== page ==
Presently, the moon does not have an internal magnetic field as it can be observed on Earth. However, there are localized regions on its surface up to several hundred kilometers in size where a very strong magnetic field prevails. This has been shown by measurements on rocks from the Apollo missions. Since then, research has puzzled about the origin of these magnetic spots. One theory is that they are in some way remnants of an ancient core magnetic field. Possibly similar to what can still be observed on Earth today. Here, the core consists of molten and solid iron and its rotation generates the earth’s magnetic field. Why the inner field of the Moon has extinguished at some point remains a subject of research.
Another long discussed theory about the local magnetic spots of the moon suggests that they are the result of magnetization processes caused by impacts of massive bodies on the moon surface. A study recently published in the journal Science Advances now shows, that the Moon must have had an internal core dynamo in the past. The researchers came to their conclusion by disproving this second theory with the help of complex computer simulations. It is the result of a large international cooperation between MIT, GFZ-Potsdam, UCLA, the University of Potsdam, the University of Michigan and the Australian Curtin University.
The second thesis was supported among other things by the fact that large and strong magnetic spots were found on the other side of the moon, exactly opposite large lunar craters. Their origin was assumed to be as follows: Because the Moon — unlike the Earth — has no atmosphere to protect it from meteorites and asteroids, such massive bodies can hit it with full force and pulverize and ionize material on its surface. A cloud of charged particles, also called plasma, created in this way flows around the Moon, compresses the magnetic solar wind present in space and thus strengthens its magnetic field. At the same time, the solar wind induces a magnetic field in the moon itself. At the surface opposite the impact, all these fields are amplified and create the observed magnetism in the crustal rock.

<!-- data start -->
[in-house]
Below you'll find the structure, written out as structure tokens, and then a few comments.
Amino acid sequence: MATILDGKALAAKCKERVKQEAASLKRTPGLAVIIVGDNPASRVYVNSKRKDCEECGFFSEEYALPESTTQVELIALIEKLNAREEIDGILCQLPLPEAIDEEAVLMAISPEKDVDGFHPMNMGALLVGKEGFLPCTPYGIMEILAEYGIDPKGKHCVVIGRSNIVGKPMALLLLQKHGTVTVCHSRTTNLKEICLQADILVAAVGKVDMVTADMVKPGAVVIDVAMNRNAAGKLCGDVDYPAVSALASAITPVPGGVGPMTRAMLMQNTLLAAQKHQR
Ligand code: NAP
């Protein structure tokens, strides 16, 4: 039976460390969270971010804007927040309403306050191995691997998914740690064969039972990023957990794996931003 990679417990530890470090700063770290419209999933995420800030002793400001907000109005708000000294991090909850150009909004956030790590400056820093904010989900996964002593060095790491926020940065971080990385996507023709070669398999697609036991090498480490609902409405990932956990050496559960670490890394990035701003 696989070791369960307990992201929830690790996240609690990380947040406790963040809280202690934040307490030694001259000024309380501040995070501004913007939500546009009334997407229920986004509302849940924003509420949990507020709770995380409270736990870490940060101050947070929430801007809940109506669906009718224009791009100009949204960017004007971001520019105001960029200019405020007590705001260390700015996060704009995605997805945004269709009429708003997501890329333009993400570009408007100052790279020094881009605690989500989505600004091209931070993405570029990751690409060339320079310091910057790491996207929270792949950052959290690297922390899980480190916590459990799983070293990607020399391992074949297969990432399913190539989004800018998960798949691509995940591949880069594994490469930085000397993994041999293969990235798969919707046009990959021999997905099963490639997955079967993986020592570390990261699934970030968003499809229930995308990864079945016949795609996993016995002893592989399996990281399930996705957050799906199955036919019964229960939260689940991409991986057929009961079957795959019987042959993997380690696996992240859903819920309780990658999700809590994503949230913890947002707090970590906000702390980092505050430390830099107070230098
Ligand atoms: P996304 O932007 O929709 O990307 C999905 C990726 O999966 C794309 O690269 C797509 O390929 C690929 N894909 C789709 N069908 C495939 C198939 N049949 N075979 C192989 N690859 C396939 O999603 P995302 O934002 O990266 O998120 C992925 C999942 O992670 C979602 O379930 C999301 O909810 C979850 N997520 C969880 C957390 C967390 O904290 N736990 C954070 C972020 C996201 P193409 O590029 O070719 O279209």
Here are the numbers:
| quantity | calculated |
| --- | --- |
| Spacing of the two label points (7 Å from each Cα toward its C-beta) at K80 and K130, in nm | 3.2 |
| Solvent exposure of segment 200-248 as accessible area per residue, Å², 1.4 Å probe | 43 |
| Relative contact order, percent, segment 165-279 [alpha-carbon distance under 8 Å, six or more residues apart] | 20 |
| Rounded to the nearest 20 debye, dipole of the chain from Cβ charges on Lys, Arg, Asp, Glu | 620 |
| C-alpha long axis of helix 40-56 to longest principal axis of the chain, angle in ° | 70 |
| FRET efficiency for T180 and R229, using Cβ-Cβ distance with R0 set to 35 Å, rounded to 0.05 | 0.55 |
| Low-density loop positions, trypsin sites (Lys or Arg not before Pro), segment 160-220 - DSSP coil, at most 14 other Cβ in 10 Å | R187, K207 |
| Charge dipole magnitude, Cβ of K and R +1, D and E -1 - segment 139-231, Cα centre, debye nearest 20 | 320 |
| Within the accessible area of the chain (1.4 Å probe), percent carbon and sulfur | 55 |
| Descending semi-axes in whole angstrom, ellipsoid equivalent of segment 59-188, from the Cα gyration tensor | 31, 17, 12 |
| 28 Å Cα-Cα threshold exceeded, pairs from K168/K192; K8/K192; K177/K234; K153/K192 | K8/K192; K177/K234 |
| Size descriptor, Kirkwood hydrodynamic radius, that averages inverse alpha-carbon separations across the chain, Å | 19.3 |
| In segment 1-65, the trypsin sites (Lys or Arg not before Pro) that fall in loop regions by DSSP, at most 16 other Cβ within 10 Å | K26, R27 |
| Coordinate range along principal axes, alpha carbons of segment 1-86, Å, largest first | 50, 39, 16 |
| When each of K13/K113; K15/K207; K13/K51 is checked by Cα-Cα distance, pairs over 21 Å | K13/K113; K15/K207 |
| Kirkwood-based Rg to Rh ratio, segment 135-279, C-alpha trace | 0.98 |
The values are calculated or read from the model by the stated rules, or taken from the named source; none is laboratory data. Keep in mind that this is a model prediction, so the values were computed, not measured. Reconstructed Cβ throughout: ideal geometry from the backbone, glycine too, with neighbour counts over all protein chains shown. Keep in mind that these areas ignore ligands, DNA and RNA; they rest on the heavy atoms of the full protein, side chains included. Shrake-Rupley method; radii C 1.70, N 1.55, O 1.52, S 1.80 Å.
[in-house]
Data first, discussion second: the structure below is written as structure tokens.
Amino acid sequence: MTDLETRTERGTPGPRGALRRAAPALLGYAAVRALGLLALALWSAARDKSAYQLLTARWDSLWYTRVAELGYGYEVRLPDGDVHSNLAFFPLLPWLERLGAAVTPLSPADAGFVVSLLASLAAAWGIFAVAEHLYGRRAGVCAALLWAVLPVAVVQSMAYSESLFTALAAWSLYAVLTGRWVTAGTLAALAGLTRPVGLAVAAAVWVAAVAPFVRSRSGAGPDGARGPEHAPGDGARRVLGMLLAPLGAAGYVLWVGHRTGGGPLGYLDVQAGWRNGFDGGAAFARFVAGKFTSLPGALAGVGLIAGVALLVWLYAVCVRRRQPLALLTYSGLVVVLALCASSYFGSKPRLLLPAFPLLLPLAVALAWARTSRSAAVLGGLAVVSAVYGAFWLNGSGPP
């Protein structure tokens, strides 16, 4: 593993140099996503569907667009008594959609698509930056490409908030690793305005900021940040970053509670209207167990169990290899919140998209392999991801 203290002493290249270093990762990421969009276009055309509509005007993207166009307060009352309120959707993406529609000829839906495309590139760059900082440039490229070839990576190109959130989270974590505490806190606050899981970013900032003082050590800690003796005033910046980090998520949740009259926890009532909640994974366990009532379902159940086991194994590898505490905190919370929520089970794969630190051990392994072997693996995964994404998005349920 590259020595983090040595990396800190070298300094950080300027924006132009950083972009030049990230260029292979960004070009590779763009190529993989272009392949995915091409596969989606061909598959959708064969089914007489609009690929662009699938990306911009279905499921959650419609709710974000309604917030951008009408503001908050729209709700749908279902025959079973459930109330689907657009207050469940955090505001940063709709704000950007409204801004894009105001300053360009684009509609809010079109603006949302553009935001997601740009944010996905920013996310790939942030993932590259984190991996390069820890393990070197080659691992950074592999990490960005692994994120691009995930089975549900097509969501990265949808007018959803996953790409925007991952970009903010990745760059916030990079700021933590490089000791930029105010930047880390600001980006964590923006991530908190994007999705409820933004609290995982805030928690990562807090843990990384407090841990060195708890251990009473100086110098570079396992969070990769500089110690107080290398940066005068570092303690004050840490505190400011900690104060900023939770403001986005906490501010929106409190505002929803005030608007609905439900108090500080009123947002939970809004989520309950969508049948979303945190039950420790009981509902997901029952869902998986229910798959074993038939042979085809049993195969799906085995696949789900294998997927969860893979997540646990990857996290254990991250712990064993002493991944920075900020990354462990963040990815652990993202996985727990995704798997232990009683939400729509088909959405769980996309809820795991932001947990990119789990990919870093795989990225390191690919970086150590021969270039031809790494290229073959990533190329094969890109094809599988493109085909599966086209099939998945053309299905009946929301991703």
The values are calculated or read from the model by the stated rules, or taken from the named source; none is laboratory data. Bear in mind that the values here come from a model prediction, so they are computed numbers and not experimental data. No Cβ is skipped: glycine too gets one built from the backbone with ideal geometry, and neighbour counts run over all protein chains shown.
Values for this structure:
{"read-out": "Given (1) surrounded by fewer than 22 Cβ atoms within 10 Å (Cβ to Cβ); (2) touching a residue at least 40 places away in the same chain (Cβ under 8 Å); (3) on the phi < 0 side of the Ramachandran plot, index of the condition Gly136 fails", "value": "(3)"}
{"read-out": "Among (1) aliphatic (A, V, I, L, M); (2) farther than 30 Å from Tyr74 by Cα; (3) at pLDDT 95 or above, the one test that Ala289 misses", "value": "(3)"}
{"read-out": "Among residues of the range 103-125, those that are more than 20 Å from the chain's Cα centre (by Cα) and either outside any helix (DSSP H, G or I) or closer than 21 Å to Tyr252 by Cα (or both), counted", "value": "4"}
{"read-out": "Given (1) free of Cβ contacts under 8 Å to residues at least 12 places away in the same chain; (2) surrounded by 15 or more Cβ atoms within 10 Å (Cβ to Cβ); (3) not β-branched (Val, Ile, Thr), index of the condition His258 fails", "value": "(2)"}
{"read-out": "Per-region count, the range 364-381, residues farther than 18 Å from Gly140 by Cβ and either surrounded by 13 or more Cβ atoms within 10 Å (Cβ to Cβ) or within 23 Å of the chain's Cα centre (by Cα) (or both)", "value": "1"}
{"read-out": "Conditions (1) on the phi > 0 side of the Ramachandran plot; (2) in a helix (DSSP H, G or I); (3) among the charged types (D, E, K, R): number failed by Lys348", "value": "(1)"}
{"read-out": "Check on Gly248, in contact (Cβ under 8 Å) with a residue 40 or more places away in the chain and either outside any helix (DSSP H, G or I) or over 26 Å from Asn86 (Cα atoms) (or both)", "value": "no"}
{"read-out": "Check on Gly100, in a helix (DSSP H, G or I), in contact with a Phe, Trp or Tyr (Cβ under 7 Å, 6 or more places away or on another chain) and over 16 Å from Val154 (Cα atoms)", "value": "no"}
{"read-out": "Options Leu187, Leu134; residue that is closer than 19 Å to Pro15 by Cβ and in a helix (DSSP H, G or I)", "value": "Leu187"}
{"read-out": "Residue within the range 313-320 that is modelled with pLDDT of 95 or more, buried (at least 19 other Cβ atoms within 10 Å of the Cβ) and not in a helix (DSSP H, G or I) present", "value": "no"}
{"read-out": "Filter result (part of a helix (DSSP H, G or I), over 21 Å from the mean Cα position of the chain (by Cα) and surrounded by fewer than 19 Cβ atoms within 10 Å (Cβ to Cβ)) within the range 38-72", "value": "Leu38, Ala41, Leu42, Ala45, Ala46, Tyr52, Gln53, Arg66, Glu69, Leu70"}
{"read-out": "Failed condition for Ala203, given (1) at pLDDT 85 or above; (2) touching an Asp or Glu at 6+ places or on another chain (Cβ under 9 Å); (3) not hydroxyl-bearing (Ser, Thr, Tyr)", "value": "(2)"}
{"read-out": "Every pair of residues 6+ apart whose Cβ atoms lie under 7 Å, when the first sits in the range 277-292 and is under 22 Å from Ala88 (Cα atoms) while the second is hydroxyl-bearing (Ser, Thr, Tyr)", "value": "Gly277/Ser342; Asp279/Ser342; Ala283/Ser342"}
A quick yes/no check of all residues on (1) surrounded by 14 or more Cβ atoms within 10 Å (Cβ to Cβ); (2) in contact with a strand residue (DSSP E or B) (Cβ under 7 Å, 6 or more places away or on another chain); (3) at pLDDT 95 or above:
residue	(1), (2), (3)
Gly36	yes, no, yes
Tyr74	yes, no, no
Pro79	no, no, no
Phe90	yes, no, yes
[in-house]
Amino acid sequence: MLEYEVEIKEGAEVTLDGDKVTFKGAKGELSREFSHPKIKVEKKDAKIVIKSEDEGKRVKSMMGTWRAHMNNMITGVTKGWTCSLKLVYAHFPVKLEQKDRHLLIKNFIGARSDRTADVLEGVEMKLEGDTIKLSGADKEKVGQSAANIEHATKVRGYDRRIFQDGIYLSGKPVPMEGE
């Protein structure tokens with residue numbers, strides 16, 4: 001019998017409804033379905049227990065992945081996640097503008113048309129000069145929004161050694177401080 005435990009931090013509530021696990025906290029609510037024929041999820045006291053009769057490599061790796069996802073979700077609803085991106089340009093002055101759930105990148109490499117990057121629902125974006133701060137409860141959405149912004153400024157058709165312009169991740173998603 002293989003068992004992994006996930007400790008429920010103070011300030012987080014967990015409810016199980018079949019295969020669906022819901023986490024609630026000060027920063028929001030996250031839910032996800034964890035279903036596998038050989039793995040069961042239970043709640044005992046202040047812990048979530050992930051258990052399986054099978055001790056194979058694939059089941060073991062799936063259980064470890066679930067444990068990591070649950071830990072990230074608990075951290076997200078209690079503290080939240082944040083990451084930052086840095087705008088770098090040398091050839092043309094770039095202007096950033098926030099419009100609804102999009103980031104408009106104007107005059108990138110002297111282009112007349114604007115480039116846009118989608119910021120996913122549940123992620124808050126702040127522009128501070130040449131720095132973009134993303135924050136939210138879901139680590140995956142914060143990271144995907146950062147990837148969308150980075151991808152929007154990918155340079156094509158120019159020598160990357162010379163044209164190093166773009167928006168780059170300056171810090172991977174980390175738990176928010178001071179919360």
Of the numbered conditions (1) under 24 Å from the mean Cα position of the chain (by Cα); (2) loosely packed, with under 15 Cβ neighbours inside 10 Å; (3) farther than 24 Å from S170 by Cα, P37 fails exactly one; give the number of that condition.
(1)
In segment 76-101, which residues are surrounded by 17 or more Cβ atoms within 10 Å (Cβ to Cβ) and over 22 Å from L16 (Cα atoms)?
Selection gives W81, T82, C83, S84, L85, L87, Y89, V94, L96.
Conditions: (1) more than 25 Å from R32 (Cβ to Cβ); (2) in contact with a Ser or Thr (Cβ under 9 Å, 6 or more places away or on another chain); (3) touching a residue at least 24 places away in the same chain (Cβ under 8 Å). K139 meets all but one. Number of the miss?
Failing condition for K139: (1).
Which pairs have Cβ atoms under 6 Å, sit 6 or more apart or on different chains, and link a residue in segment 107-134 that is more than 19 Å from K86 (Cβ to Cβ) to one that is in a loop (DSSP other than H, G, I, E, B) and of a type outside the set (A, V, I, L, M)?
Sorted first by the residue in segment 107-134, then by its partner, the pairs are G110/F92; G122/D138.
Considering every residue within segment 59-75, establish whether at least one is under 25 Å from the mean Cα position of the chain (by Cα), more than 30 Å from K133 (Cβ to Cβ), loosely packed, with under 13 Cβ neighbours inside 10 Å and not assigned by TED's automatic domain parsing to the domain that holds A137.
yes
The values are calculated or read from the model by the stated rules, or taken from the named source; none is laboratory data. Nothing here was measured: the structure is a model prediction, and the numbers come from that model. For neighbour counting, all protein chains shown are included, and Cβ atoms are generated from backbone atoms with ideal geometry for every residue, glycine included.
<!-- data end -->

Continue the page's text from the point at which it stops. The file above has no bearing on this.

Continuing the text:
Using the examples of some well-known Moon craters as the one we regard as its “right eye,” the researchers have now simulated the impact including the plasma formation, the propagation of the plasma around the moon and the course of the field induced in the moon’s interior. Using software that was originally developed for space physics and space weather applications, they simulated very different impact scenarios. In this way, the scientists were able to show that the amplification of the magnetic fields due to collisions and ejected material alone was not sufficient to generate the large field strengths as originally estimated and measured on the moon: The resulting magnetic field is a thousand times weaker than necessary to explain the observations. This does not mean, however, that these effects do not exist; they are only comparatively weak. In particular, the simulations showed that the field amplification by the plasma cloud on the rear side of the impact is more likely to occur above the crust, and that the magnetic field inside the moon loses much of its energy via dissipation due to turbulence in the mantle and crust.
“How exactly the magnetic spots were formed still requires more research. But now it is clear that at some point in time an internal magnetic field of the Moon had to be present for this to happen,” says Yuri Shprits, Professor at the University of Potsdam and head of the Magnetospheric Physics Section at GFZ-Potsdam. “In addition, this study can help us to better understand the nature of the dynamo-generated magnetic field and the dynamo process on Earth, the outer planets and exoplanets.”
Materials provided by GFZ GeoForschungsZentrum Potsdam, Helmholtz Centre. Note: Content may be edited for style and length.